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MDFF with Symmetry Restraints

This section will show you how to set up a MDFF run using symmetry restraints. Symmetry restraints use harmonic forces to maintain a symmetric structure during MDFF simulations for symmetric molecules. The symmetric structure is determined by transforming and overlapping the atomic coordinates of all symmetric units and calculating the average positions of the transformed atoms.

Preparing the initial structure

For this example we will be using a nitrilase structure with helical symmetry, found in helix.pdb. The structure is already rigid-body docked into an experimental map (EMDB 1313) with Situs. The map has been converted into the 3D potential for MDFF, named as helix-target.dx. Please refer to previous section for use of Situs for rigid-body docking and use of mdff griddx for map conversion.

Start a new VMD session.

Load the initial structure in VMD by typing:

mol new helix.pdb  

Use the AutoPSF plugin as in Section 2.1. If you are working on the same VMD session from the beginning of the tutorial, make sure you click the Reset AutoPSF button and the choose the correct molecule in the AutoPSF plugin. Follow the same steps as before to make helix_autopsf.psf and helix_autopsf.pdb.

Generate a PDB file containing the per-atom scaling factors $ w_j$ in Equation 1, as in previous section.

mdff gridpdb -psf helix_autopsf.psf -pdb helix_autopsf.pdb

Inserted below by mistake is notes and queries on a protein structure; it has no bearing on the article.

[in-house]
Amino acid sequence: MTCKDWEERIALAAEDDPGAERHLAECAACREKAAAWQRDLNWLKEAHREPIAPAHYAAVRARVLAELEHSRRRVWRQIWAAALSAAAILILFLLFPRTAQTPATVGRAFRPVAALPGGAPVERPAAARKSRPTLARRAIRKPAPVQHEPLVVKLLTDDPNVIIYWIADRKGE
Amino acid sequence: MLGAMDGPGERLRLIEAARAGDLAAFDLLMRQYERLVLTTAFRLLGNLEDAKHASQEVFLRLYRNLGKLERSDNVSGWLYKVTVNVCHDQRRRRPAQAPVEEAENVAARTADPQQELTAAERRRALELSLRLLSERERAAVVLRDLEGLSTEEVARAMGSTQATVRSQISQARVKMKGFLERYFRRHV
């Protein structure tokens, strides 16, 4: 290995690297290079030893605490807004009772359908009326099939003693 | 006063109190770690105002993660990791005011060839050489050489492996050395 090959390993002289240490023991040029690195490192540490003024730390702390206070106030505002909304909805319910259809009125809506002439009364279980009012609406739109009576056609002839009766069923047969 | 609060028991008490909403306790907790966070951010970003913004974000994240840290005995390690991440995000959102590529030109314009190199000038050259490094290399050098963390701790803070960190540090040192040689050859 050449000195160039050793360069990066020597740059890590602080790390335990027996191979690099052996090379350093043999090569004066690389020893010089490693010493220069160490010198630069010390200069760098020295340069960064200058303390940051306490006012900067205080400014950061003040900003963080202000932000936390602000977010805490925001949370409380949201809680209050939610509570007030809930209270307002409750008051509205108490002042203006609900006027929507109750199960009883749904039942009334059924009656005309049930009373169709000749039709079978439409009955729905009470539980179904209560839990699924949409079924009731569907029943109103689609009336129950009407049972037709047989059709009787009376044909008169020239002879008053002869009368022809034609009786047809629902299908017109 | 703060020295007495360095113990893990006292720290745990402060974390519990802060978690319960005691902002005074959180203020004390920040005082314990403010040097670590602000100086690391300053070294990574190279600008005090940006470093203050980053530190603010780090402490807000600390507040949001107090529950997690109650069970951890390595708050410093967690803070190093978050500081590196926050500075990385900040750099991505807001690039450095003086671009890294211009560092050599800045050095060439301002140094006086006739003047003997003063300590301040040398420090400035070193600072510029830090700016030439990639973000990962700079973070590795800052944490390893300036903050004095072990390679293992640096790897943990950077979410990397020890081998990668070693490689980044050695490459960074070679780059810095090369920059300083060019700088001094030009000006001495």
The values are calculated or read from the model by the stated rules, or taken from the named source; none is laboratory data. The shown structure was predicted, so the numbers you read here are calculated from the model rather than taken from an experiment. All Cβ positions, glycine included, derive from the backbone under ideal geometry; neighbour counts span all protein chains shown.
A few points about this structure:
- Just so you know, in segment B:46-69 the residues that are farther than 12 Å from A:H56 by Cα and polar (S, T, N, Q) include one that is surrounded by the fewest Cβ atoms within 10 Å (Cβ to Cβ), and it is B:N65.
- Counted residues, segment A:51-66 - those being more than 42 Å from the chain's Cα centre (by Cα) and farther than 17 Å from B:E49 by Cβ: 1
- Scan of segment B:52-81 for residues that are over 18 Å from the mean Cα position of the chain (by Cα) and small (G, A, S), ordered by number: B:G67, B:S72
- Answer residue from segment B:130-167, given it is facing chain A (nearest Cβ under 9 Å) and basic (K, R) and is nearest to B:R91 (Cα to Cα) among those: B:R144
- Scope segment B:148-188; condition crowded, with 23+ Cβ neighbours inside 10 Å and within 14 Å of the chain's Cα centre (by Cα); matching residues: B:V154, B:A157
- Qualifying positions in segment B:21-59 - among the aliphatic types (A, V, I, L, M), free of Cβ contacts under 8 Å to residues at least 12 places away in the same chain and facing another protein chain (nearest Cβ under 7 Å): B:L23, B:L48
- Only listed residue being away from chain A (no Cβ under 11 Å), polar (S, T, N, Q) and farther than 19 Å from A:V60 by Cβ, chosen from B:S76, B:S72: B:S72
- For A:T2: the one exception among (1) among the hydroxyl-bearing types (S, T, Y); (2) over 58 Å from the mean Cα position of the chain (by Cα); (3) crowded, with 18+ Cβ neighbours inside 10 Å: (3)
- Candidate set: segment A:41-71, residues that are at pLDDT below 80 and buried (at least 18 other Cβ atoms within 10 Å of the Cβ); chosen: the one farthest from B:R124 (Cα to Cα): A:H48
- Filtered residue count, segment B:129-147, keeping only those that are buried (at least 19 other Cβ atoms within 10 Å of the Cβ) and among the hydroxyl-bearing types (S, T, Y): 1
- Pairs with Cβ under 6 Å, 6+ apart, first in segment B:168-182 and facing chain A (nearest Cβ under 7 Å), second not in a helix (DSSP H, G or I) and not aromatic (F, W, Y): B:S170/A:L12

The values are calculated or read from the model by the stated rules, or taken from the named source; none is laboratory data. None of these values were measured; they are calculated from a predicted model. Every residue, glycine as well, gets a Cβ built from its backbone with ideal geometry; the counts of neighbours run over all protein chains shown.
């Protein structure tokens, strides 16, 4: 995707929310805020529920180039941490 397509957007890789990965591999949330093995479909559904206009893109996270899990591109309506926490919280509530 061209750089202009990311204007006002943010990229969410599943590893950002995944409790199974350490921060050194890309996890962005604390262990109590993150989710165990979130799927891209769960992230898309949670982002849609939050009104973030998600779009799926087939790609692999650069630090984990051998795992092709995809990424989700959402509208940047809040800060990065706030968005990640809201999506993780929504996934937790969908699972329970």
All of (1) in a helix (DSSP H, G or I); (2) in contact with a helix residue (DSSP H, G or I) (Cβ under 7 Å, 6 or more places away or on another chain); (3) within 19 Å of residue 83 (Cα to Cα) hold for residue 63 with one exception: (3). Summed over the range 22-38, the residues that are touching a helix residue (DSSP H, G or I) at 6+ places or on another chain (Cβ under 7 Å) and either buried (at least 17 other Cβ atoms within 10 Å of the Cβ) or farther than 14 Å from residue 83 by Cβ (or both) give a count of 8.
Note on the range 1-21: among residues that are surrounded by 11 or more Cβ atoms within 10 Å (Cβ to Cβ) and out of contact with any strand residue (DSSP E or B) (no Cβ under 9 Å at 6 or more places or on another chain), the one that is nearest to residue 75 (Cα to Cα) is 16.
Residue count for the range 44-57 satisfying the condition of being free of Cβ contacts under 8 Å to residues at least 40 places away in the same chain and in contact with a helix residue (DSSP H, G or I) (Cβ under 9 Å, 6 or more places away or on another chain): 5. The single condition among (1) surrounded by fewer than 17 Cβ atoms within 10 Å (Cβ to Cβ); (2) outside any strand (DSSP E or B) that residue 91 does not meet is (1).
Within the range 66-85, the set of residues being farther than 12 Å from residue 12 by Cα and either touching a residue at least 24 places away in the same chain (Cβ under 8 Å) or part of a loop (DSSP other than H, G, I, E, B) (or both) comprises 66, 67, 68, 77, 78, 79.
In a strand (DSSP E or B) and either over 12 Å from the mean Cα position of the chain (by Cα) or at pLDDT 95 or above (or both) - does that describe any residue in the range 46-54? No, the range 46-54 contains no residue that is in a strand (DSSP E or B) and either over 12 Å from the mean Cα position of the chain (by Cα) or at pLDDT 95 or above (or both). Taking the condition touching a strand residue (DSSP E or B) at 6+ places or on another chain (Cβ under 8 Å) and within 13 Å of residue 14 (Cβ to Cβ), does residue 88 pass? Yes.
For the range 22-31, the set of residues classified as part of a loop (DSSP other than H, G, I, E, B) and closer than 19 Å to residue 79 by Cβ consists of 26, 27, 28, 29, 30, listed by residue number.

-o helix-grid.pdb  

Generate secondary structure restraints as in previous section:

package require ssrestraints  
ssrestraints -psf helix_autopsf.psf -pdb helix_autopsf.pdb  
    -o helix-extrabonds.txt -hbonds  

Generate restraints to prevent cis/trans peptide transitions and chirality errors:

mol new helix_autopsf.psf  
mol addfile helix_autopsf.pdb  
cispeptide restrain -o helix-extrabonds-cispeptide.txt  
chirality restrain -o helix-extrabonds-chirality.txt  

Setting up the Symmetry PDB file

We need to create a symmetry PDB file containing the designations of symmetric units, i.e. what the symmetric units are. In the symmetry PDB file, the occupancy column denotes the "symmetry group" atoms belong to, while the beta column denotes the symmetric units designation. In this example, we have a single symmetry relationship, the helical symmetry, so we only have one symmetry group and hence the occupancy column is set to 1. We have nine different symmetric unit within this helical symmetry group, so the beta column of the first symmetric unit is set to 1 and increases by 1 for the next symmetric until the last symmetric unit with beta column assigned to 9. For more information on symmetry restraint parameters, please read the documentation.